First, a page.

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High-frequency electrical transmission system

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US2105305A
US2105305A US3852935A US2105305A US 2105305 A US2105305 A US 2105305A US 3852935 A US3852935 A US 3852935A US 2105305 A US2105305 A US 2105305A
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Prior art keywords
valve
line
conductors
connected
circuit
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White Eric Lawrence Casling
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EMI Ltd
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EMI Ltd
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    • HELECTRICITY
    • H04ELECTRIC COMMUNICATION TECHNIQUE
    • H04JMULTIPLEX COMMUNICATION
    • H04J1/00Frequency-division multiplex systems
    • H04J1/02Details
    • H04J1/12Arrangements for reducing cross-talk between channels
    • HELECTRICITY
    • H04ELECTRIC COMMUNICATION TECHNIQUE
    • H04BTRANSMISSION
    • H04B3/00Line transmission systems
    • H04B3/02Details
    • H04B3/32Reducing cross-talk, e.g. by compensating

Description

. Jan. 11, 1938. c, WHITE 2,105,305

HIGH FREQUENCY ELECTRICAL TRANSMISSIQN SYSTEM Filed Aug. 50. 1935 Patented Jan. ll, 1938 HIGH-FREQUENCY ELECTRICAL TRANS- MISSION SYSTEM Eric Lawrence CaslingWhite, Hillingdon, England, assignor to Electric & Musical Industries Limited, Middlesex, England, a company of Great Britain Application August 30, 1935, Serial No. 38,529 In Great Britain August 31. 1934 7 Claims.

The present invention relates to the transmission of high-frequency electric currents, such as 10 two wires of an open wire line. Disturbing potentials may occur between the two conductors in parallel and earth, owingto conduction currents in the earth or by induction from neighbouring conductors carrying other currents, e. g. power 15 lines.

In order to obtain only the potential difference which is required, the receiving apparatus may be connected only to the two conductors, and insulated from earth, but it is often essential to Q earth some part of the apparatus, e. g. when the receiving apparatus is a wireless transmitter. It is not possible to earth one of the conductors, even the sheath of a concentric cable, since the interfering voltage would then be partly transg ferred to give a. potential difference between the two conductors.

In telephone practice this difliculty has been overcome by connecting the primary of a transformer to the line, insulated from earth, and con- 9 necting the secondary to the receiving apparatus,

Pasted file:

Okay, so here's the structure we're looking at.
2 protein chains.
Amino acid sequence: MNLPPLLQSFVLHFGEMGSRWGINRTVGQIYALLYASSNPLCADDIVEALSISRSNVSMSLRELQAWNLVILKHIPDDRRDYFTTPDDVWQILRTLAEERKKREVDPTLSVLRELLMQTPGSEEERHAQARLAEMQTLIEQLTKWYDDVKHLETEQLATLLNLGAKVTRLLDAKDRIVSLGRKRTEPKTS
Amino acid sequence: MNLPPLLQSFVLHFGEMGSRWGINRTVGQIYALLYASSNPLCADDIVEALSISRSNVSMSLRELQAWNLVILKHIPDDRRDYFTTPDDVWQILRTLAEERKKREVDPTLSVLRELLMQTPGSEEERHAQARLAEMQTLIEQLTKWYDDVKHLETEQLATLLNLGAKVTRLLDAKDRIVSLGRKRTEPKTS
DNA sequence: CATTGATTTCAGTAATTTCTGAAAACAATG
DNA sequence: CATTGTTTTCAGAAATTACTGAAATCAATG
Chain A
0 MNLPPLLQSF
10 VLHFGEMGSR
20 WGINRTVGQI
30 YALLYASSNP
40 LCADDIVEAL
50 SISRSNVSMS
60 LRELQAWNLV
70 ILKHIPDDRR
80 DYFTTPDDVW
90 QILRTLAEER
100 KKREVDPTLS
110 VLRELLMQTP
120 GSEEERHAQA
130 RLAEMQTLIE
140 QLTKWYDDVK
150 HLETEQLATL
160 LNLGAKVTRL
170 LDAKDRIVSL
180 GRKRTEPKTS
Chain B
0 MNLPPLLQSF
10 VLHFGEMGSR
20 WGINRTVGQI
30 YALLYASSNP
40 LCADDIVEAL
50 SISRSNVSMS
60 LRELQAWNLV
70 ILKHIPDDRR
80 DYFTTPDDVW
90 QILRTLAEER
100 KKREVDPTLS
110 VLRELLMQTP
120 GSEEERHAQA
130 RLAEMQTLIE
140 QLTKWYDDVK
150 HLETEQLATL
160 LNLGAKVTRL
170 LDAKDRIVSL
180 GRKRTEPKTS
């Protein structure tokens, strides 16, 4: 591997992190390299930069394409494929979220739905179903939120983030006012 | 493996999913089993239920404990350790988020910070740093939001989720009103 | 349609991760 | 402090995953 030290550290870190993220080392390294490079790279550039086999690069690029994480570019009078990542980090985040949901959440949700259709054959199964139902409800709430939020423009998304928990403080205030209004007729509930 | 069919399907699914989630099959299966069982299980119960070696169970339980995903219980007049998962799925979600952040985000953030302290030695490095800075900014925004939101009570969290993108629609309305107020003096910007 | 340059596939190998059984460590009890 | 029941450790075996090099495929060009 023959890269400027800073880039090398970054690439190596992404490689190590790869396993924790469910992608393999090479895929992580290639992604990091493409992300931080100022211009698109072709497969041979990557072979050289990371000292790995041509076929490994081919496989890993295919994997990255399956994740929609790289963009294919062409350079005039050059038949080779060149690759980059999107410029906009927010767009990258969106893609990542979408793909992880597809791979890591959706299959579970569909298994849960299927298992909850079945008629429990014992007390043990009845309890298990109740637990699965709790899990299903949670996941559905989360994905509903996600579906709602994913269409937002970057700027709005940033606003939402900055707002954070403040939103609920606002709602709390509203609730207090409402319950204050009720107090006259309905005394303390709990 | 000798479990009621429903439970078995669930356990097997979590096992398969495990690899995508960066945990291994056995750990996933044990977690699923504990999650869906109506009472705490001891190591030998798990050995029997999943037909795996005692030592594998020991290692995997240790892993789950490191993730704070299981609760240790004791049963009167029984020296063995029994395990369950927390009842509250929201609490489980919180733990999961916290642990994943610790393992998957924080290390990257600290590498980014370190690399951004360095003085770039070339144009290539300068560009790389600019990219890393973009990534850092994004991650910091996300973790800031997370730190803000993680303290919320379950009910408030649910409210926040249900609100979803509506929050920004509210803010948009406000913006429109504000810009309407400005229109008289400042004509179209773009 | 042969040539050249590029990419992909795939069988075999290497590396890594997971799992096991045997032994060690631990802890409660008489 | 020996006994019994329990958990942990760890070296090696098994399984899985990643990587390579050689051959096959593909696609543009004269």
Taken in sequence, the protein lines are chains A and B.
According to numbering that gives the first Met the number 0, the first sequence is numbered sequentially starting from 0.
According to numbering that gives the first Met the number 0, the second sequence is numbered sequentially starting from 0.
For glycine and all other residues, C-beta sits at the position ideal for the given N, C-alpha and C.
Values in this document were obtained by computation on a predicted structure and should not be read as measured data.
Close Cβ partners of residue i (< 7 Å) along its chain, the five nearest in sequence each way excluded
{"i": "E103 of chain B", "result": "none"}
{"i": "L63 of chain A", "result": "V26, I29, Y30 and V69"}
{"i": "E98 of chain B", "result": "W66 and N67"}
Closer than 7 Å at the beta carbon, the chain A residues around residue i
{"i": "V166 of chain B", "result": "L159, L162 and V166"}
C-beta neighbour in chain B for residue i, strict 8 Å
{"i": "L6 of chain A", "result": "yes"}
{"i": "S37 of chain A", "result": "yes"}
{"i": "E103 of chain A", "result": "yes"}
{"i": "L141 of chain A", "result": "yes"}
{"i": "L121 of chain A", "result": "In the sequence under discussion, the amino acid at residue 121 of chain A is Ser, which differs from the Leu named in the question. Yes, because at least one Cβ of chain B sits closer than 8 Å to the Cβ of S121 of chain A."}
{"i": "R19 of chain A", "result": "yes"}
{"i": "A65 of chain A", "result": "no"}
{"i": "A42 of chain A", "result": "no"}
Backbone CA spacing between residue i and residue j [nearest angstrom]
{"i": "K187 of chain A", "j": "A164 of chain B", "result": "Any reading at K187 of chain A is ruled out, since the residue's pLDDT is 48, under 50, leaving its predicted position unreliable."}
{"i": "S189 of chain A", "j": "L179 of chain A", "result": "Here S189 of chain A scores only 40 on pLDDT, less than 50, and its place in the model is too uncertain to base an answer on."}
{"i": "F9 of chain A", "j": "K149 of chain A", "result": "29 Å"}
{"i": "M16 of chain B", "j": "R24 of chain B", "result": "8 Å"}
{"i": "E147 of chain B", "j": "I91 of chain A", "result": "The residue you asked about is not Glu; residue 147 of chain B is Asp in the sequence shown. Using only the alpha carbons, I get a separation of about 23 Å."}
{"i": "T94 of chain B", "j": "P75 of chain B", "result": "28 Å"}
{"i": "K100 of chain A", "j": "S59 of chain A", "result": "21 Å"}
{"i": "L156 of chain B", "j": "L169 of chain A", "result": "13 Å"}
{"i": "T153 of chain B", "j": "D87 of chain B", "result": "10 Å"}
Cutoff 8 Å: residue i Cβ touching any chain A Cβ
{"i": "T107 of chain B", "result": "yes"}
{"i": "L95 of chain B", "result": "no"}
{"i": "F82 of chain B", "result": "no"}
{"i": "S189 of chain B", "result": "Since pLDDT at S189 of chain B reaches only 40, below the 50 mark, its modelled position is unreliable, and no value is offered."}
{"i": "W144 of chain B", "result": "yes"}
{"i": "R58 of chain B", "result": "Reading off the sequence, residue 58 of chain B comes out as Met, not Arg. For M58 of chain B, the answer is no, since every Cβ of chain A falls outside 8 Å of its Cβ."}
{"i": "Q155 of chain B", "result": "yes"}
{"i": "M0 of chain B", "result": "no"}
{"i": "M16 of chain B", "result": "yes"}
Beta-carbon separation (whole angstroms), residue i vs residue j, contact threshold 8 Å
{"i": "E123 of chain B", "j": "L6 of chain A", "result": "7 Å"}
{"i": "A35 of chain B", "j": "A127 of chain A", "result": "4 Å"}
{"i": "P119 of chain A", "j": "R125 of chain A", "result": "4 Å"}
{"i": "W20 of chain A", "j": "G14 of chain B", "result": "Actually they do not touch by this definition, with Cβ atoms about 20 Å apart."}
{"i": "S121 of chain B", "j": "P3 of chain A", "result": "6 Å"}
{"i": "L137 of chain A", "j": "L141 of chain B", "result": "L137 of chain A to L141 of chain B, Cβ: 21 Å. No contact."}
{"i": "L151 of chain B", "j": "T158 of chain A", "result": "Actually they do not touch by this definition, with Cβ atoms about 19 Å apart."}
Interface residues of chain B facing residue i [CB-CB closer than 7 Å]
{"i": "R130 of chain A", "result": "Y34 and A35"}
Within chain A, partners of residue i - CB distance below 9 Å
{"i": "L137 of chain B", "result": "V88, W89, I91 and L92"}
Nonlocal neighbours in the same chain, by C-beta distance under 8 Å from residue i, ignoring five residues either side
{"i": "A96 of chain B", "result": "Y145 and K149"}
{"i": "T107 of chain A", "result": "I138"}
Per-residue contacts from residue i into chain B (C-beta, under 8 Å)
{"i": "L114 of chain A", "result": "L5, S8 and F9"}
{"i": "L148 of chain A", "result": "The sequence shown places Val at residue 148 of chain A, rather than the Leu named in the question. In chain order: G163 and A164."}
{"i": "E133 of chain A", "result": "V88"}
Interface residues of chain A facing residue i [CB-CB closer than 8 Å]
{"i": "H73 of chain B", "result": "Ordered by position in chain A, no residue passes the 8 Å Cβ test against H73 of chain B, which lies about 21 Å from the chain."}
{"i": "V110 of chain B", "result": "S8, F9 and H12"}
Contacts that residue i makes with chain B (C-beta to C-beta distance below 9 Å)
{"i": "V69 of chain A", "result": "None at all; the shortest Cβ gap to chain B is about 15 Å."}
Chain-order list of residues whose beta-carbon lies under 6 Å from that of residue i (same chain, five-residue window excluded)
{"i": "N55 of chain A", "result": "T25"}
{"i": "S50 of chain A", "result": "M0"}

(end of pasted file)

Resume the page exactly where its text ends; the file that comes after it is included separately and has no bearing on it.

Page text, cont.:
any part of which can then be earthed. However, it is not feasible to use transformers in television work, owing to the very wide frequency band to be covered with no appreciable phase dis- 35 placement.

An object of the present invention is to provide means for reducing or eliminating the undesired potentials in a terminal station of the transmission line, while permitting a part of the apparatus at this station to be connected to earth.

According to the present invention there is provided a high frequency electrical transmission system comprising a transmission line having two conductors coupled to a terminal station without 1 the use of a transformer wherein the terminal station includes a thermionic valve or valves having a part of the electrical circuit associated therewith connected to earth, and is of such a nature that whilst the signal potential differences 60 existing between the line conductors are applied to and transmitted by the valves without appreciable phase displacement or with almost exact phase reversal, nevertheless interfering potential diiferenoes existing between the line conductors, in parallel, and earth are prevented or largely prevented from influencing the output of the valve or valves. The terminal station may be so arranged as to prevent or largely prevent the interfering signals from being applied to the input valve of the terminal station. Alternatively 5 valves of the terminal station may be so connected to the two line conductors and to earth that the interfering signals are applied to the valve system in such a manner as to be substantially eliminated thereby. 10